The Application Two-Step

Published: Feb 20, 2007

By Peter Weddle -- Consider this scenario; it’s a common one on the Internet today: You spend several hours visiting a number of employment Web-sites; at each site, you search through hundreds of job postings in its job database; and finally, after all that effort, you find exactly what you been looking for. There, right in front of you, is a posting for your dream job. So, what do you do? You apply, of course? You fire off your resume and wait for the phone to ring.

That’s how most of us think job application works on the Web. Job boards and company Web-sites make the process look easy and simple. And, unfortunately, it’s not. You see, applying for a job online is actually a two-step exercise:

  • Step 1 is a test,

  • Step 2 is the answer.

    Complete the first step, and you will be considered an applicant; complete the second step, and you will get yourself noticed. Do both steps, and you’ll likely move to the head of the candidate line.

    Step 1: The Test

    When you see a job posting, you’re actually looking at a test. The purpose of this exam is to determine whether or not you paid attention in Mrs. Murphy’s kindergarten class. What was the first lesson you were taught there? That’s right: To follow directions. In essence, a job posting is, first and foremost, a test to determine whether you can (and will) adhere to the employer’s specified procedures for job application. These directions might be:

  • Cut and paste your resume into the body of an e-mail message,

  • Send your resume as an attachment to an e-mail message,

  • Complete the online application form that the company provides, or

  • Send your resume to the company by old fashioned postal mail.

    Unless the employer explicitly states that it will accept applications several different ways, the one method it specifies is the only way it wants you to apply. So, the first part of the job posting exam in Step 1 is pass or fail; either you follow the employer’s directions and are considered a genuine applicant or you don’t follow its directions and are designated a “graffiti applicant.” The former gets you into the zone of consideration; the latter gets you tossed into the reject pile.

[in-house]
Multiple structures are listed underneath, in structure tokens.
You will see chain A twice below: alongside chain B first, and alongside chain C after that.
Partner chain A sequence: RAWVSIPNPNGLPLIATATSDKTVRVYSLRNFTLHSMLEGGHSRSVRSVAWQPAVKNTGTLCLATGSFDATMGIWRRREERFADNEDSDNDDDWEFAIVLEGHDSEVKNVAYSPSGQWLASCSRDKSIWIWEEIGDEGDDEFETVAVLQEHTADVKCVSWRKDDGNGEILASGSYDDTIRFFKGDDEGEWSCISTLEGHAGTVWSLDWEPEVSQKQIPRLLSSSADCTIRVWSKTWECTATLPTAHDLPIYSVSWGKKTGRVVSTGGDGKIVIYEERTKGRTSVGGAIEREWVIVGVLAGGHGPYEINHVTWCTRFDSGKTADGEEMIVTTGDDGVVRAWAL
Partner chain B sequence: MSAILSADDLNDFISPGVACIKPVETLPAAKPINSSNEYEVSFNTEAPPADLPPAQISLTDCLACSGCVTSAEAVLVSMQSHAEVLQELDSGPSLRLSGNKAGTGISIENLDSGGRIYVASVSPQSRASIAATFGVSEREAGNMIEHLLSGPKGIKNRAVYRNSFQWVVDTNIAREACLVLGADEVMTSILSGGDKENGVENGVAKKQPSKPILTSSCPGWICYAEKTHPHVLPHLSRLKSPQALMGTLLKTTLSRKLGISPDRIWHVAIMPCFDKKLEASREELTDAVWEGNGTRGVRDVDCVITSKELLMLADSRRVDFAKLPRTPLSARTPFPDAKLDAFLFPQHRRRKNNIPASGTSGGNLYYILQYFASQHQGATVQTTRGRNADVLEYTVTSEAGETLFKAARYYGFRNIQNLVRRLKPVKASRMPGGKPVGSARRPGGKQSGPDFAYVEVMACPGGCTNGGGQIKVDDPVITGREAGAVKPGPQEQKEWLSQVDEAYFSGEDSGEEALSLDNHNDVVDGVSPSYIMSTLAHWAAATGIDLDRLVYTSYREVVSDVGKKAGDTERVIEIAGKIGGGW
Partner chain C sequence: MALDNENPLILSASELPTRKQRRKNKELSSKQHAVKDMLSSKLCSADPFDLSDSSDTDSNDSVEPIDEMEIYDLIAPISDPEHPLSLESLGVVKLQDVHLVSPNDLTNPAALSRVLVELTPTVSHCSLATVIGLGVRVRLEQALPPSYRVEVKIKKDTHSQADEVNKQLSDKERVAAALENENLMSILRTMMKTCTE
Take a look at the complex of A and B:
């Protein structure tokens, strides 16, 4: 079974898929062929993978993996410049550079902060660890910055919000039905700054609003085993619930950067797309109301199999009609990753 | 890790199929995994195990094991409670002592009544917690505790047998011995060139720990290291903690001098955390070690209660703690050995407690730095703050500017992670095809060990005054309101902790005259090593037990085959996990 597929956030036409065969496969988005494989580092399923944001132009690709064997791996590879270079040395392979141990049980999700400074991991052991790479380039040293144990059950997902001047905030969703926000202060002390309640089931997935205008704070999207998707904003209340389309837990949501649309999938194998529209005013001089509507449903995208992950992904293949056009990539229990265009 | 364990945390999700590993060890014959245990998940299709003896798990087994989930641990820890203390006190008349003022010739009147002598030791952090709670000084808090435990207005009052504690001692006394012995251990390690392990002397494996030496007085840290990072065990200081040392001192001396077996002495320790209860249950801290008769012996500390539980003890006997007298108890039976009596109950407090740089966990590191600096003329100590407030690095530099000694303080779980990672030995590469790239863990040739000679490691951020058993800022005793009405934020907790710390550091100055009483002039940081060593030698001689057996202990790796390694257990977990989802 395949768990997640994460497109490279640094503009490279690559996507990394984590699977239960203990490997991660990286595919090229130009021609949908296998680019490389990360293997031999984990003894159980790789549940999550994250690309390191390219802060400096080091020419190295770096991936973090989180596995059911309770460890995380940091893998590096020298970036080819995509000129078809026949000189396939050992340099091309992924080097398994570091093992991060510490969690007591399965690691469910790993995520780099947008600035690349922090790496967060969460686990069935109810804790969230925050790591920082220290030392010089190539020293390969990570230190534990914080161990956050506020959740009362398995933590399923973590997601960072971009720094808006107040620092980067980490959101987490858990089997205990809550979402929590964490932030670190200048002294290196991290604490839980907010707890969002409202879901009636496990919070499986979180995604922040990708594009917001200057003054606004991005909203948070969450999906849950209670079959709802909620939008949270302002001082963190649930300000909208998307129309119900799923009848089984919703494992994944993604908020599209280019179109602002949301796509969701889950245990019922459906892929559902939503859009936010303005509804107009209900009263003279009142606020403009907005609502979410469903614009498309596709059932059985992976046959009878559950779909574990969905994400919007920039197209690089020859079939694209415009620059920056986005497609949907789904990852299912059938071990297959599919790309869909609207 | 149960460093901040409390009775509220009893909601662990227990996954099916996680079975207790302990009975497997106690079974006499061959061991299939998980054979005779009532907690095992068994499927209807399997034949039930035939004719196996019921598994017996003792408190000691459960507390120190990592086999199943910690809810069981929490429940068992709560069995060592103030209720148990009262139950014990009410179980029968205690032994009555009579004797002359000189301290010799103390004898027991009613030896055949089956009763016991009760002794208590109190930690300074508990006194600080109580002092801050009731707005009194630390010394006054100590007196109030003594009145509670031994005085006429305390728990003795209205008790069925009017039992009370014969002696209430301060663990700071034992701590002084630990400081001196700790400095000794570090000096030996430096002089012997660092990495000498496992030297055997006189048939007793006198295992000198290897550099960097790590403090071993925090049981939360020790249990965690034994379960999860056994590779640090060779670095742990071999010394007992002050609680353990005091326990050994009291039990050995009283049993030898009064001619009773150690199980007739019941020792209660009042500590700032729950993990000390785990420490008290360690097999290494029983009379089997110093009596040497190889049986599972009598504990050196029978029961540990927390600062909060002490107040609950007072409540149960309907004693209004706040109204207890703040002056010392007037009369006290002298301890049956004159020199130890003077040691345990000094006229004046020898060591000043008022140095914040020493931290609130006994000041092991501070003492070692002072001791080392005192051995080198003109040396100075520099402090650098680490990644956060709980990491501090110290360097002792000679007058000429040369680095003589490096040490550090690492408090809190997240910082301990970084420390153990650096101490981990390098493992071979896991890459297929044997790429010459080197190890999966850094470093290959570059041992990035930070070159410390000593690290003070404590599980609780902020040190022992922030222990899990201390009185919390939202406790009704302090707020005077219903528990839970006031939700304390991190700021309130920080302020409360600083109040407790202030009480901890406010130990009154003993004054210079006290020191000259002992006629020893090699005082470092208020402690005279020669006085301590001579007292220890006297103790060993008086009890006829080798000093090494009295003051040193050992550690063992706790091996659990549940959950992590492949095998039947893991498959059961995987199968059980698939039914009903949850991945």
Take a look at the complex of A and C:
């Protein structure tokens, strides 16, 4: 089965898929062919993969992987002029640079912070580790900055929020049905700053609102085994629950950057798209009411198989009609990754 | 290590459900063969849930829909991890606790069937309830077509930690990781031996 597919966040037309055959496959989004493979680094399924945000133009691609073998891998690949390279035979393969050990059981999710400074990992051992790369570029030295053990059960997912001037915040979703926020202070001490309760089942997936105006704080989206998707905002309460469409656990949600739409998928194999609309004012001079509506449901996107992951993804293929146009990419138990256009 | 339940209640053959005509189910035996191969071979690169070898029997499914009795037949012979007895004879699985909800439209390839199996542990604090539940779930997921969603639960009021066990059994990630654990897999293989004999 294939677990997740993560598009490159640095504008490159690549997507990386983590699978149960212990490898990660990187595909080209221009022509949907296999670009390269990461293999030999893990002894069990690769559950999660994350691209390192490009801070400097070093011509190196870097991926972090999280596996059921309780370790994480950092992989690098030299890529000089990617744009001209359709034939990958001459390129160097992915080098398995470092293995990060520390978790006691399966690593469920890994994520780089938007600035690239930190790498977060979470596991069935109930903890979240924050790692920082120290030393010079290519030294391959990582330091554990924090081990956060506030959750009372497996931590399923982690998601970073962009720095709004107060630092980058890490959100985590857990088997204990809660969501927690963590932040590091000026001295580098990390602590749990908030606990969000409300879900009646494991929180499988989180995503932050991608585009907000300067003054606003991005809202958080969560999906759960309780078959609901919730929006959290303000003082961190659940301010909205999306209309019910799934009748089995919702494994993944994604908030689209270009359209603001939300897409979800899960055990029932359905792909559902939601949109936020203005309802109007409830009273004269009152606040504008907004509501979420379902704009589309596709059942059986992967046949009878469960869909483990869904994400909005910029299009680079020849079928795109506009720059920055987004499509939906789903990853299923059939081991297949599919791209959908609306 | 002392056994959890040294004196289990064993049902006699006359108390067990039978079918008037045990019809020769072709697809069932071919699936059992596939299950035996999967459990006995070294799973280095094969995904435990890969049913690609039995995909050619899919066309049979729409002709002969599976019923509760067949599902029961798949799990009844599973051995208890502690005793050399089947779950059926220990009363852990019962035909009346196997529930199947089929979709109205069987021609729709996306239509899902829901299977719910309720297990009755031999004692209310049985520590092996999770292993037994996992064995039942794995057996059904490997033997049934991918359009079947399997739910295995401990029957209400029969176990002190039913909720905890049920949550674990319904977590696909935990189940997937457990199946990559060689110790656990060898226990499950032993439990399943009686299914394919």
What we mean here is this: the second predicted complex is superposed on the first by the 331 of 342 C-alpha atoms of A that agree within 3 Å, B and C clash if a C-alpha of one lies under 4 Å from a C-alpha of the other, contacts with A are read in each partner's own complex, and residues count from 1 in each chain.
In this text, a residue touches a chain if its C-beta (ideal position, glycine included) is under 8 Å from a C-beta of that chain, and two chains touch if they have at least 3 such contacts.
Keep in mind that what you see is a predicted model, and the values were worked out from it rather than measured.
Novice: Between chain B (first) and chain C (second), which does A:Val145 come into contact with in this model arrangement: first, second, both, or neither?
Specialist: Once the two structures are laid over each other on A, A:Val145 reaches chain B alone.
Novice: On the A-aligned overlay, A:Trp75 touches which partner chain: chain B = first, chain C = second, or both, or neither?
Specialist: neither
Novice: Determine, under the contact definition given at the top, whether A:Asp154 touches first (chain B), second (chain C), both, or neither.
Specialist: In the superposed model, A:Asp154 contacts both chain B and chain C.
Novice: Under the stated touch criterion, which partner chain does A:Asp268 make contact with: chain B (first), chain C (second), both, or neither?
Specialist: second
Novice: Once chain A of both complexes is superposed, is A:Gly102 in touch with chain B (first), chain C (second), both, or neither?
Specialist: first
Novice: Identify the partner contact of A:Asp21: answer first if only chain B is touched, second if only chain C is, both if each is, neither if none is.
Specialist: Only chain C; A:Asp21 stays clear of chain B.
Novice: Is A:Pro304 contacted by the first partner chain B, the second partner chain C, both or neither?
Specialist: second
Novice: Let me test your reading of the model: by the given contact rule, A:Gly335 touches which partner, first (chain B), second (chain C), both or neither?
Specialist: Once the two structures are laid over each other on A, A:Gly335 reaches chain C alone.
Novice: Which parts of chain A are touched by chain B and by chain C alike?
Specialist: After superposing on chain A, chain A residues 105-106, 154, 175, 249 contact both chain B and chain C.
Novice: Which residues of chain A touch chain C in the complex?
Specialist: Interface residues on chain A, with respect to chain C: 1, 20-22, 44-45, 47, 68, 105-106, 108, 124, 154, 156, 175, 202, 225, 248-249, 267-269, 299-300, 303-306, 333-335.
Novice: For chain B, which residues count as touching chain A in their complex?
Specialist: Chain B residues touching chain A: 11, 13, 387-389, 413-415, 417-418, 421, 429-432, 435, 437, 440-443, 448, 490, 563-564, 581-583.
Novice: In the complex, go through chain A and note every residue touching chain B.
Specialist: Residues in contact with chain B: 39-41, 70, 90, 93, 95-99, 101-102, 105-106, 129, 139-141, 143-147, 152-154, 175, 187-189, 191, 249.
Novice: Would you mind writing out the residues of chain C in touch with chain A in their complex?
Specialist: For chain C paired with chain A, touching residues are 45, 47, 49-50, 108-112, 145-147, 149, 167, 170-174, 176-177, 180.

The second part of the exam tests how well you prepare your resume. In the good, old days, before resumes were done on word processors, you submitted a generic resume and used your cover letter to highlight the relevant details that made you the perfect candidate for a particular opening. Today, the strongest applications are those that have been tailored to the specific requirements and responsibilities of an opening. The cover letter (or message on the Web) reinforces those strengths, but it’s the detailed relevance of your resume that makes you a candidate worthy of consideration.

    Step 2: The Answer

    As soon as you have completed Step 1, begin working on Step 2. If Step 1 enables you to pass the test; Step 2 provides the answer that will ace it. Here’s what I mean: Recruiters are inundated with applicant resumes these days, so it’s very hard for any single person—even one who is perfectly qualified for an opening—to get noticed. To overcome that disadvantage, you must help your resume stand out.

    The minute you have passed the test in Step 1, start networking among friends and colleagues to find contacts in the organization where you have applied. You’re trying to identify one (or both) of two kinds of contacts:

  • Employees of the organization whom you know

  • Employees whom you don’t know, but with whom you share an affinity (e.g., you are both members of the same professional association, alumni of the same college or university).

    Networking to such contacts is not as difficult as it may initially seem, thanks to the Internet. Use online databases and directories at the Web-sites of such organizations as your professional society, college or university alumni association, community softball league, parent-teacher association, and community gardening club. Research shows that we are all separated by only six other people, and the Web is the best way to find the connections that will help you reach more of them.

    The purpose of this networking is to ask your friend or contact to refer you to the appropriate recruiter in the employer’s HR Department. When they do so, they move your resume from one of hundreds or thousands in the organization’s resume database to one of a handful or less on the recruiter’s desktop. There, it will almost certainly get noticed and considered. Why? Because recruiters believe that the best candidates are those brought to them by the organization’s own employees.

    Simple as applying for a job online might seem, it’s actually both the first assessment an employer will make of your capabilities as a prospective employee and a way to differentiate yourself from the other applicants who are competing for the position you want. All you have to do to pass the test and set yourself apart is follow the Application Two-Step.

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